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‘Community in action’ builds new home for mothers

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Kathleen Wilson walked up the front walk of a house at the end of Charles Street in Fredericksburg accompanied by her friend and realtor Kimberly Martelon. Mary’s Shelter, an organization that provides temporary housing and help for mothers and their children, got the go-ahead from their board to start searching for another house to buy and Wilson was determined to find one. 

The five-bedroom house’s white pillared porch overflowed with charm. Inside was a different story. 

The pair stood on the threshold gazing at a completely gutted, in some places damaged and destroyed, interior with no electricity, heating, air conditioning or running water. Wires hung from the ceiling and there was evidence of squatters living on the second floor. It only took a moment for Wilson, founder and director of Mary's Shelter in Fredericksburg, to make up her mind. “It’s perfect,” she said.

After Martelon picked her jaw off the floor, she said, “OK, we will get this started and my husband Kevin will be your volunteer contractor.”

They closed on the house June 28 and by July, renovations began. True to her word, Kevin, a parishioner of St. Patrick Church in Fredericksburg and a home inspector, coordinated the renovation. Like Wilson, he could see the potential.

“I loved it,” said Kevin. “I would have bought it if they hadn’t.” 

Thanks to the close relationship he has with his team, he was able to bring in many professionals and craftsmen who worked for a discount or at no cost. It also helped that Kevin understood mothers would be living there.

“Growing up, I had a single mother so I see the value in what this organization does,” said Kevin. “They can come here and get their life on track and help them with their future it is very gratifying.” 

In addition to the professional work, a small army of able-bodied volunteers donated their time and treasure to the renovation. Mary’s Shelter’s Facebook page was constantly posting pictures of new groups coming in to work. St. John Paul the Great Catholic High School’s hockey team cleaned floors, raked, weeded, scrubbed sheds and painted furniture. 

Summit Academy in Fredericksburg pulled up old floor tiling in preparation for another group to install new flooring. Mary’s Shelter President Mark Ivory spent Labor Day weekend painting the whole downstairs.

The renovation took about three months and the result was a beautiful house completed on time and under budget.

“This has been a community in action,” said Wilson. “Every day people show up and do. I don’t even know where they come from. They fall out of heaven.” 

The community’s charity didn’t stop when renovations were completed, continuing preparations for Bishop Michael F. Burbidge’s visit to bless the house.  

“Heather Sutherland just came up and asked if she could organize all the food for the event,” said Wilson. “I didn’t even have to ask her. She just volunteered.”

Sutherland, who works in the criminal justice system, said she sees the impact when Mary’s Shelter gets involved. “I like that the whole family is here. It’s very rewarding to see just a little bit of progress in somebody,” said Sutherland.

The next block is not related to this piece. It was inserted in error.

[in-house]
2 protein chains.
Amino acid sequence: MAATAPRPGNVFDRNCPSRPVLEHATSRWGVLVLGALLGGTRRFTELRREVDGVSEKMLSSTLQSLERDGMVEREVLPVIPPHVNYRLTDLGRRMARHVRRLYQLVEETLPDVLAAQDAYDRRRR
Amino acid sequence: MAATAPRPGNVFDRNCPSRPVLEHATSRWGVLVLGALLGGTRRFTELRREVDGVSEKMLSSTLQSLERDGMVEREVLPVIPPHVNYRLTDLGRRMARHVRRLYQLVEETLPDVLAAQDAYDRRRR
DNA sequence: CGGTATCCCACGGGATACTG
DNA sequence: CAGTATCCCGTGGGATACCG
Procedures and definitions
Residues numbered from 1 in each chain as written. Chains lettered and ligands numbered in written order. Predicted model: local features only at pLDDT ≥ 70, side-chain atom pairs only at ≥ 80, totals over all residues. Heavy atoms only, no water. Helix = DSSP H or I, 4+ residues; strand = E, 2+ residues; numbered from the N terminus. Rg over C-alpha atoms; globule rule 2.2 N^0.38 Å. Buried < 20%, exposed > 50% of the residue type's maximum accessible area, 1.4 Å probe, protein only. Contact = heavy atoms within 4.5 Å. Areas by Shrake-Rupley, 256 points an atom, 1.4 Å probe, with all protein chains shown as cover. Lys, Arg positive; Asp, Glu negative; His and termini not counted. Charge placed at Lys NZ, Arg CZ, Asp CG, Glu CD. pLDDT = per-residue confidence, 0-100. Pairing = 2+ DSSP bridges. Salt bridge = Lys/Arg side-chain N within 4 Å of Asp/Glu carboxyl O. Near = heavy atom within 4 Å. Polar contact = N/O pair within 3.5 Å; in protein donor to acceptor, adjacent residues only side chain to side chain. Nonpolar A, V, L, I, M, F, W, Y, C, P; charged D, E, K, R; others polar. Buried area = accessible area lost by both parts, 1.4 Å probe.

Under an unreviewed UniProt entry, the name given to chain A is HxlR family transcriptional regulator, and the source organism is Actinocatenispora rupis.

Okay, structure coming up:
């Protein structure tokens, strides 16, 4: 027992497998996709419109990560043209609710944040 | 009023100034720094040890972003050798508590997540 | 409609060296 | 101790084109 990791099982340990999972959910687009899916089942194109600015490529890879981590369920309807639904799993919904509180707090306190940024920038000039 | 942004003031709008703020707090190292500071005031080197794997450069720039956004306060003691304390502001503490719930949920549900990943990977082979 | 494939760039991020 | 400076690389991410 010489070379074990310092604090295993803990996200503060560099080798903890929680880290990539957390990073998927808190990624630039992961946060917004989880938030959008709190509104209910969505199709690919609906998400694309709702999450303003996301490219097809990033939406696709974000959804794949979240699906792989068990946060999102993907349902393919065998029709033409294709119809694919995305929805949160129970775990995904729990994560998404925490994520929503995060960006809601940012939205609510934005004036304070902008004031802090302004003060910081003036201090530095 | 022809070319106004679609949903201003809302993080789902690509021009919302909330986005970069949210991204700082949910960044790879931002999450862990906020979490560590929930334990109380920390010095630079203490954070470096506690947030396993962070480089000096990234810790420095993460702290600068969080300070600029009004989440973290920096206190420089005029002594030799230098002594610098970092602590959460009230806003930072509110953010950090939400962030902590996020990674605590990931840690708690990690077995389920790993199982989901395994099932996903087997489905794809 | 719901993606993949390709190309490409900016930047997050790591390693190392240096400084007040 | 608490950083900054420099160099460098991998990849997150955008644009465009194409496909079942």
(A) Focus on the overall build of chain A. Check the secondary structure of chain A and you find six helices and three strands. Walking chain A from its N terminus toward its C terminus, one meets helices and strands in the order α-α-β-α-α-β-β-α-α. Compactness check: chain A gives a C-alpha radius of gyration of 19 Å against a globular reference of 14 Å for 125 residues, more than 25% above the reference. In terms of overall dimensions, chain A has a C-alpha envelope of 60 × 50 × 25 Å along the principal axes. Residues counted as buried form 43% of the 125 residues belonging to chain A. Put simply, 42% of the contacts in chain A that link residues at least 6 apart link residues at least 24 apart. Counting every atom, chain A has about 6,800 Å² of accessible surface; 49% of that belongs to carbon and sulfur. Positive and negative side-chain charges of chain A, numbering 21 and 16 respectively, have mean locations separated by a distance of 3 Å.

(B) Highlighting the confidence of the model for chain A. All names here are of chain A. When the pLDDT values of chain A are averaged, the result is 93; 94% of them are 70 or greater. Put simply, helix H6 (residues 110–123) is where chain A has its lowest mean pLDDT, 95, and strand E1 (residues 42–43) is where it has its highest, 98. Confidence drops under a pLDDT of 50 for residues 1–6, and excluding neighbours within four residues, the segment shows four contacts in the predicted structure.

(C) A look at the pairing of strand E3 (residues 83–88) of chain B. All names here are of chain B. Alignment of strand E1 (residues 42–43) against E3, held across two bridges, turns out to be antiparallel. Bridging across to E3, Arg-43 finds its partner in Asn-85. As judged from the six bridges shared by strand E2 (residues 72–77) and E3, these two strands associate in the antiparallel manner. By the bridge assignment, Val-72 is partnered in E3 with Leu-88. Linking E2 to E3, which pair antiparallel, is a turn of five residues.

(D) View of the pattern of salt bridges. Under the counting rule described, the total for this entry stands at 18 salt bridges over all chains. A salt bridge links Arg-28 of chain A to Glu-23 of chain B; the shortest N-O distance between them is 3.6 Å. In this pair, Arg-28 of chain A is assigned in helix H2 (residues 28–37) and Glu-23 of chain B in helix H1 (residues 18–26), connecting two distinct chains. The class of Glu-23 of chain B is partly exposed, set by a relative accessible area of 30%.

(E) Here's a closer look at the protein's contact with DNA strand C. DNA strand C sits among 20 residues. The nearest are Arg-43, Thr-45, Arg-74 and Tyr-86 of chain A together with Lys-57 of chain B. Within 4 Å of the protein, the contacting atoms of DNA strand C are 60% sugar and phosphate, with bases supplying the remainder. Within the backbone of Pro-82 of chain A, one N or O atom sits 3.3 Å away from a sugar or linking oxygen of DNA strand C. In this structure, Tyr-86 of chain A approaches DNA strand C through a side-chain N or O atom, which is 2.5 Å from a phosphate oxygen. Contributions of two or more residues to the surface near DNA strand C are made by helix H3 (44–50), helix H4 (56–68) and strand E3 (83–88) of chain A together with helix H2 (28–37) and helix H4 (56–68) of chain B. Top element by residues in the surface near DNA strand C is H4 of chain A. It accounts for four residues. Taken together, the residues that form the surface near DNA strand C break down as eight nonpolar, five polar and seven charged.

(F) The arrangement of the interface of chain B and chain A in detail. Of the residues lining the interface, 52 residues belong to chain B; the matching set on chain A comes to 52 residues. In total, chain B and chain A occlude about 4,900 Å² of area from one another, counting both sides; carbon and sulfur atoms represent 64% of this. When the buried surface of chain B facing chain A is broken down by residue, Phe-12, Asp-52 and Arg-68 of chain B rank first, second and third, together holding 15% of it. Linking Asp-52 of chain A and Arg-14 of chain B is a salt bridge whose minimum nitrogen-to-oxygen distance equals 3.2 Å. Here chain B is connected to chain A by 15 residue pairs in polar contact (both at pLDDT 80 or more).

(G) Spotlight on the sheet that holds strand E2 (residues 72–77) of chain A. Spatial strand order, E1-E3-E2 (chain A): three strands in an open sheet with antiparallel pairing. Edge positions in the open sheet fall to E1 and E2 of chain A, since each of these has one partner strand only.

Close to 200 people crowded on the front lawn on Charles Street Oct. 26 as Bishop Burbidge blessed the newest Mary’s Shelter home, which is now picture-perfect both inside and out. 

“The house is absolutely incredible,” said Bishop Burbidge. “What I really love about this ministry is we are not only trying to give them a house, but a home. I think from the first moment they walk in the door it will be home for them because it has been built with so much love.”

During the ceremony, Wilson introduced 10-year-old Auri Sandoval, one of seven children who will live in the house with their mothers. 

“When Auri first saw the house it had no walls, nothing, but she said, ‘I love it, it’s a barbie house.’ So, we made sure she got a room here,” said Wilson.

Sandoval will share a room with her brother, Junior, on the first floor next to her mom and little sister. The first floor also has a guest room, bathroom, kitchen, dining room and a large living room. Two more mothers will live in the bedrooms upstairs with their children. There is a breakfast area at the top of the stairs with a refrigerator, sink and table so the moms can make breakfast for their kids before getting ready for work. The house also has a full basement, not to mention a beautiful view of Canal Park. 

Yaribel Jimenec is one of the new residents in the house. Before coming to Mary’s Shelter six months ago she was homeless with her two children and one on the way. 

“Being able to live in this house means a lot,” said Jimenec. “This is a sign of hope. That even when you are technically homeless you still get to live in a dream house. It’s a blessing.”

One of the last parts of the house that Bishop Burbidge blessed during Saturday’s event was a small memorial garden dedicated to Conor Jerome Gardner, the infant son of the Gardner family who passed away Jan. 24. The garden serves as a reminder of Mary’s Shelter’s mission to give mothers in crisis the support they need to bring their children into the world. 

The Charles Street home will continue to help more mothers. It is the second house that Mary’s Shelter owns in addition to their office and rooms they rent on Princess Ann Street. Their dream is to someday own all their homes. If the Charles Street renovation is any indication, when it comes to Mary’s Shelter and their team of donors and volunteers, dreams do come true. 

Kassock is a freelancer from Stafford.




© Arlington Catholic Herald 2019